Recognizing the need for unity with more than just the Jewish community, I created the Global Coalition for Israel on Facebook as a means of showing a cohesive support for the State of Israel. One month later the group is at 1300 and growing daily.  When the summer began I was worried about when I was going to get to the beach, lay in the sun and get to barbecues.  I’m not saying that I didn’t do those things to some extent during the summer of 2014, but they all took a back seat to something more important.  My new activism.  Watching CNN and FOX on a daily basis to get the news coming from the region, researching websites and news sources online, and meeting people with stories to tell from Israel and Europe, the summer of 2014 became something I never expected it would become, it became my Summer of Gaza.

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Lionel Messi, Shimon Peres, and a kick in the whoops

If you watch this video you will see that Lionel Messi was not ready when Shimon Peres hit this ball and ended up getting hit in a place God did not intend to get hit by soccer balls.  Ironically you could say that after this incident Messi actually has more reason to dislike Israel than most, yet he doesn’t.  Why? Because he is an intelligent and decent individual and of course this was all in good fun.  Good luck in the FIFA 20144 World Cup Final Mr. Messi.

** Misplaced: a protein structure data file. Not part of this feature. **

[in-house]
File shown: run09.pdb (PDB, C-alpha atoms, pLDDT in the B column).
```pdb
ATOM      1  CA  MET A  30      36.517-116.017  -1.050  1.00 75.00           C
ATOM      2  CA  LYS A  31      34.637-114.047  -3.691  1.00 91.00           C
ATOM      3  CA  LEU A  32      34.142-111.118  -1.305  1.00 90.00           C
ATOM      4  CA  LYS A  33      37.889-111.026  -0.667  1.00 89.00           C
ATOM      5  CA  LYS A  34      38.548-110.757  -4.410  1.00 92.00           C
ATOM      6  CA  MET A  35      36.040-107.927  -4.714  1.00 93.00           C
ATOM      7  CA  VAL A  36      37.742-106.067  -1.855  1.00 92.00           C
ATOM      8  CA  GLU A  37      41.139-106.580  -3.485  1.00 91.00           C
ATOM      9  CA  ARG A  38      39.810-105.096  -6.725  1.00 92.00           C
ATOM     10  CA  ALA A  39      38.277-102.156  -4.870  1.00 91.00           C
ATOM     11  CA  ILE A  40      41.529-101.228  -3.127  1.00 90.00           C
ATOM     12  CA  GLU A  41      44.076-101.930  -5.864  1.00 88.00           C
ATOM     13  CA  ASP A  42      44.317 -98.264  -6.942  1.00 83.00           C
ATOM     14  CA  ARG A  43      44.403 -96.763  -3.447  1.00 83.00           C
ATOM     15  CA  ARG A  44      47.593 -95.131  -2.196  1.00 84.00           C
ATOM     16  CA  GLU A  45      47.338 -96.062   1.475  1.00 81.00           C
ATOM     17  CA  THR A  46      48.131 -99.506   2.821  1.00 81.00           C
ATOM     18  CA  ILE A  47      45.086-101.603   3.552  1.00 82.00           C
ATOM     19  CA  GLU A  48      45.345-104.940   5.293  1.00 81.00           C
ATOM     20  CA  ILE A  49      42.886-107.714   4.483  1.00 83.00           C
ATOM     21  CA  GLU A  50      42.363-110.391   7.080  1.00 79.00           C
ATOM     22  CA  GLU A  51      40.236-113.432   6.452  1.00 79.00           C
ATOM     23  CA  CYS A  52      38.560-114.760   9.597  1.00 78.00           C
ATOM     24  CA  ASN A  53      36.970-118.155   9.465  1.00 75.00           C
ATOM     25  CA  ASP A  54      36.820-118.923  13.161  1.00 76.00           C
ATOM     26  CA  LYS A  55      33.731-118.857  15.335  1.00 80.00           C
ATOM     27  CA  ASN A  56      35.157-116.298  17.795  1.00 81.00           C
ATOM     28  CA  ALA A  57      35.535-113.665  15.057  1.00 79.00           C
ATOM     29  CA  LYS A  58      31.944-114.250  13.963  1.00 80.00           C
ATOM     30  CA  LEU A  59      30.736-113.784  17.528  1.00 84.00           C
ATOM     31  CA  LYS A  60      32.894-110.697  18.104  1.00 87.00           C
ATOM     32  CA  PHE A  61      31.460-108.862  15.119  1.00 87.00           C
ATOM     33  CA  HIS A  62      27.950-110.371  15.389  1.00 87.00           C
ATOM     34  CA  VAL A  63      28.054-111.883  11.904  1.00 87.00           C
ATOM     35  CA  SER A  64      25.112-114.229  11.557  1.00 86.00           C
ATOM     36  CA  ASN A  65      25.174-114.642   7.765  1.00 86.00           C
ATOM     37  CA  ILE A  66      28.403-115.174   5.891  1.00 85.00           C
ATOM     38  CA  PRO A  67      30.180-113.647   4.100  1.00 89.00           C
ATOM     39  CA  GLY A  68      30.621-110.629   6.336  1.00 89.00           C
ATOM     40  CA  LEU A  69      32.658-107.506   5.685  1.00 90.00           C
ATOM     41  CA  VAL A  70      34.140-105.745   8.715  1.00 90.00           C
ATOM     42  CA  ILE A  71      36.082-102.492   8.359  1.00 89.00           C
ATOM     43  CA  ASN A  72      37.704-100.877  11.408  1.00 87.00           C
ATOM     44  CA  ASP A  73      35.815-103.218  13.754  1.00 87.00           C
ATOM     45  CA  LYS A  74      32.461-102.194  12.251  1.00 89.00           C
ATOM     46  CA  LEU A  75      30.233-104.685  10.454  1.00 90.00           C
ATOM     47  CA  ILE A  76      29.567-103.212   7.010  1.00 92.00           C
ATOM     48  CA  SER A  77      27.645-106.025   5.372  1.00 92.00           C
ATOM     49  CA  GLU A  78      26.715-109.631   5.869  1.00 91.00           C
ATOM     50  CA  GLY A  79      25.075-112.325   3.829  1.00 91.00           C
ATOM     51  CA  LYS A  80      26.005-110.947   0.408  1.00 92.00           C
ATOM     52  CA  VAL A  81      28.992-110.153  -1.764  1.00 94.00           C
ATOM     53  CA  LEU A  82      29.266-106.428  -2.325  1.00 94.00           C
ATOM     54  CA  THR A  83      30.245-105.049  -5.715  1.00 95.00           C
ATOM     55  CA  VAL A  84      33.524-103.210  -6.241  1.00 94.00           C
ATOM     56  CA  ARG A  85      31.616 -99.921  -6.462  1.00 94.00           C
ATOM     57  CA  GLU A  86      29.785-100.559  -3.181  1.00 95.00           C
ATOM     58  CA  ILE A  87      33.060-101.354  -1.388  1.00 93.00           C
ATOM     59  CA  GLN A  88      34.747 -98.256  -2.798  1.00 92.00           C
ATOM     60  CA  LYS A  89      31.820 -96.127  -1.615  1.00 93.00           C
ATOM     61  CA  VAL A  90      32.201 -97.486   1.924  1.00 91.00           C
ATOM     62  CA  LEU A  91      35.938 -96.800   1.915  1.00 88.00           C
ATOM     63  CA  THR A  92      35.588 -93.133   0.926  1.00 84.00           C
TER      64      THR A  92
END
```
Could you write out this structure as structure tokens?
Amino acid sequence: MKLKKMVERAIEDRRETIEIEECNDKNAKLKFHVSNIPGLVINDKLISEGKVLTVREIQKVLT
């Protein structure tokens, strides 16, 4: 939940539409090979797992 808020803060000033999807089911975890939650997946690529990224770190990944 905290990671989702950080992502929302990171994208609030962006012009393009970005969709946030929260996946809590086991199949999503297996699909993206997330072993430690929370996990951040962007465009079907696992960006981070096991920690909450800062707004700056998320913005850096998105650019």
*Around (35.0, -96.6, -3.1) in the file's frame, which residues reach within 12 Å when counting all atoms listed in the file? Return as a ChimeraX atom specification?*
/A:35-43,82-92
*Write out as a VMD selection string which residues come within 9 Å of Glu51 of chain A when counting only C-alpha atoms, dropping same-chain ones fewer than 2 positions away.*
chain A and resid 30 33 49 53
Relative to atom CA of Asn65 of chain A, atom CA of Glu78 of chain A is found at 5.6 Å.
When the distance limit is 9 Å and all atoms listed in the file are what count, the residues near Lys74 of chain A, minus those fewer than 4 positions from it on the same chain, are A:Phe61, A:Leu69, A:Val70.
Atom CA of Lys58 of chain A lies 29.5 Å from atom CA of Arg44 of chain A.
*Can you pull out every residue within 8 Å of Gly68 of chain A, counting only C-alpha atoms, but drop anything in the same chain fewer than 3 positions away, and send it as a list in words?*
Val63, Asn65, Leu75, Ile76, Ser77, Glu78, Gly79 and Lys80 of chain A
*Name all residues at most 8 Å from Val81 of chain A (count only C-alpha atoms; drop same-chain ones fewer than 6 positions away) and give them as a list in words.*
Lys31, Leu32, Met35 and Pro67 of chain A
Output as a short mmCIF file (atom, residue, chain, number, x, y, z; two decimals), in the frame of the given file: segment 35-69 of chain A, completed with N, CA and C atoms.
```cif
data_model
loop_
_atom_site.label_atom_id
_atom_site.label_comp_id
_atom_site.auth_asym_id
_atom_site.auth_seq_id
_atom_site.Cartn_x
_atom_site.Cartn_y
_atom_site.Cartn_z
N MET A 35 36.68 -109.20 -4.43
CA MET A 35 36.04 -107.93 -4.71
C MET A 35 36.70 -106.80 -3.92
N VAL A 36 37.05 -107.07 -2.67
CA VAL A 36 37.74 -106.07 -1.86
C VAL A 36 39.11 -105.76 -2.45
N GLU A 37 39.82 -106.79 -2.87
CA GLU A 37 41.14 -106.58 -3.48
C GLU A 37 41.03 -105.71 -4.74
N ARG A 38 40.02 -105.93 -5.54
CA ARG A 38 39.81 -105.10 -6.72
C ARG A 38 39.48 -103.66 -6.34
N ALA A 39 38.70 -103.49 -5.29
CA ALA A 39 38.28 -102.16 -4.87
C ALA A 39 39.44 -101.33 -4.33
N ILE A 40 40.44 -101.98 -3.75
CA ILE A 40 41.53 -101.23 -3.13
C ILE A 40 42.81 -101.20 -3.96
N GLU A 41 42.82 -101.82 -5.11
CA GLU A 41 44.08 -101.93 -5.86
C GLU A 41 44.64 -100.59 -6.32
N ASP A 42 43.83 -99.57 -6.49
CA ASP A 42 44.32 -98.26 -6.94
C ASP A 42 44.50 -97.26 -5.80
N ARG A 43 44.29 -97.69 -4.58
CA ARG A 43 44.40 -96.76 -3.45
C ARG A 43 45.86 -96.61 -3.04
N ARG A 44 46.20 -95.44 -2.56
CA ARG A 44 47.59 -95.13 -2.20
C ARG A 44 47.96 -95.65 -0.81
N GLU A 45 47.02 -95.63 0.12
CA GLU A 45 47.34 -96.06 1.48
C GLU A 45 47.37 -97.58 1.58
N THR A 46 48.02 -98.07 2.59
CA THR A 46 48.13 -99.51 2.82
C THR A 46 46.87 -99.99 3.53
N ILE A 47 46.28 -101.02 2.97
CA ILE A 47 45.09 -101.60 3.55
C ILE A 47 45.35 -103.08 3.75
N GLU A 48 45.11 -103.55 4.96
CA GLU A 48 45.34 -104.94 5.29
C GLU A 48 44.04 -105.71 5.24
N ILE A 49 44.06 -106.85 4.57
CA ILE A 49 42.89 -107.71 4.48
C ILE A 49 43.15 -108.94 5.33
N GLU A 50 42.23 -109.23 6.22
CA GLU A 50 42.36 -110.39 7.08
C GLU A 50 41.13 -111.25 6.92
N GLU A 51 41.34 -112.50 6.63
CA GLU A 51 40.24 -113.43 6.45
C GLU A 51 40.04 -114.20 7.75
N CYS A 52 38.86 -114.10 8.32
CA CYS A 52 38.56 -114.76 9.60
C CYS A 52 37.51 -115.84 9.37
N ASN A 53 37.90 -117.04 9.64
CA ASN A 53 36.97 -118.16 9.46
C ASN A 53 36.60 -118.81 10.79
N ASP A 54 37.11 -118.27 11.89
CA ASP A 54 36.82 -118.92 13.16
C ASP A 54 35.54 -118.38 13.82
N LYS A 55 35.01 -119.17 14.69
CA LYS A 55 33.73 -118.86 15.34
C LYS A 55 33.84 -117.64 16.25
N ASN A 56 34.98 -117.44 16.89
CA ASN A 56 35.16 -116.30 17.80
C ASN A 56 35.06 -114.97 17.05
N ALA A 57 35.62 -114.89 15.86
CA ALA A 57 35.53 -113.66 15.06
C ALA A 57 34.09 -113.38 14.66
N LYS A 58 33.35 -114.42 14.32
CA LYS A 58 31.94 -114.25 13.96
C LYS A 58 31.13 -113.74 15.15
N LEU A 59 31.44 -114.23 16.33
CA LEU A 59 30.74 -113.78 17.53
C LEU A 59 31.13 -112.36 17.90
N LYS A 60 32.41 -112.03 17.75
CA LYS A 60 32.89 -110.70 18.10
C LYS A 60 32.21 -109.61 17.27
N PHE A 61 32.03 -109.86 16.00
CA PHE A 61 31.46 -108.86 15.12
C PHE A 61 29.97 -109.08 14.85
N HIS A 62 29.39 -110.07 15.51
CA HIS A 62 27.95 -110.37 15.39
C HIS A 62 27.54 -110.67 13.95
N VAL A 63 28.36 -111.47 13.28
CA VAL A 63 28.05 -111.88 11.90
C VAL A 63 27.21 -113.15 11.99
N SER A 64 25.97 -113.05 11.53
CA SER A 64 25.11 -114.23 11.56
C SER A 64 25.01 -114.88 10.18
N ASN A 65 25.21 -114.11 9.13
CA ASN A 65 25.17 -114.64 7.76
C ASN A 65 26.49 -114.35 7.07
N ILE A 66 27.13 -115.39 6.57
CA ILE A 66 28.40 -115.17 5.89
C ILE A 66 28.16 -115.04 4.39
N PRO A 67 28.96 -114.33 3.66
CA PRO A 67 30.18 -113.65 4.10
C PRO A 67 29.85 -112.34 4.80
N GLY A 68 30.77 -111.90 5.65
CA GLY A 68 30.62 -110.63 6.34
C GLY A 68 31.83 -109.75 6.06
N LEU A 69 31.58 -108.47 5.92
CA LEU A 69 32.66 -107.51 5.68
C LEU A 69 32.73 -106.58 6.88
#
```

Of Course Holland lost..They’re my team

USP SOCCER: WORLD CUP-ARGENTINA VS NETHERLANDS S SOC BRABehind every perception of destiny, irony sits waiting and ready to pounce.  But I will get back to that.  The title of this post is by no means rooted in self-pity. Pity is never the feeling I have regarding the futility of the teams I support.  As a somewhat well-adjusted individual, I generally get past the pain of my sports teams’ demise within an hour of it happening.  I must say I am pretty good when it comes to that.  After all, and this is the root of the title, I have a lot of experience with it.

We can of course start with the most recent result of which irony played a major factor as well.  But again, I will get back to the irony later.  When the Netherlands lost to Argentina yesterday in the FIFA 2014 World Cup semi-final, I knew that another World Cup would be played without Holland lifting the trophy.  I watched Holland once again secure its position as the best team to never win the World Cup.  I took solace in the fact that they lost with class to a team with class, but nevertheless, once again, their World Cup ended in defeat.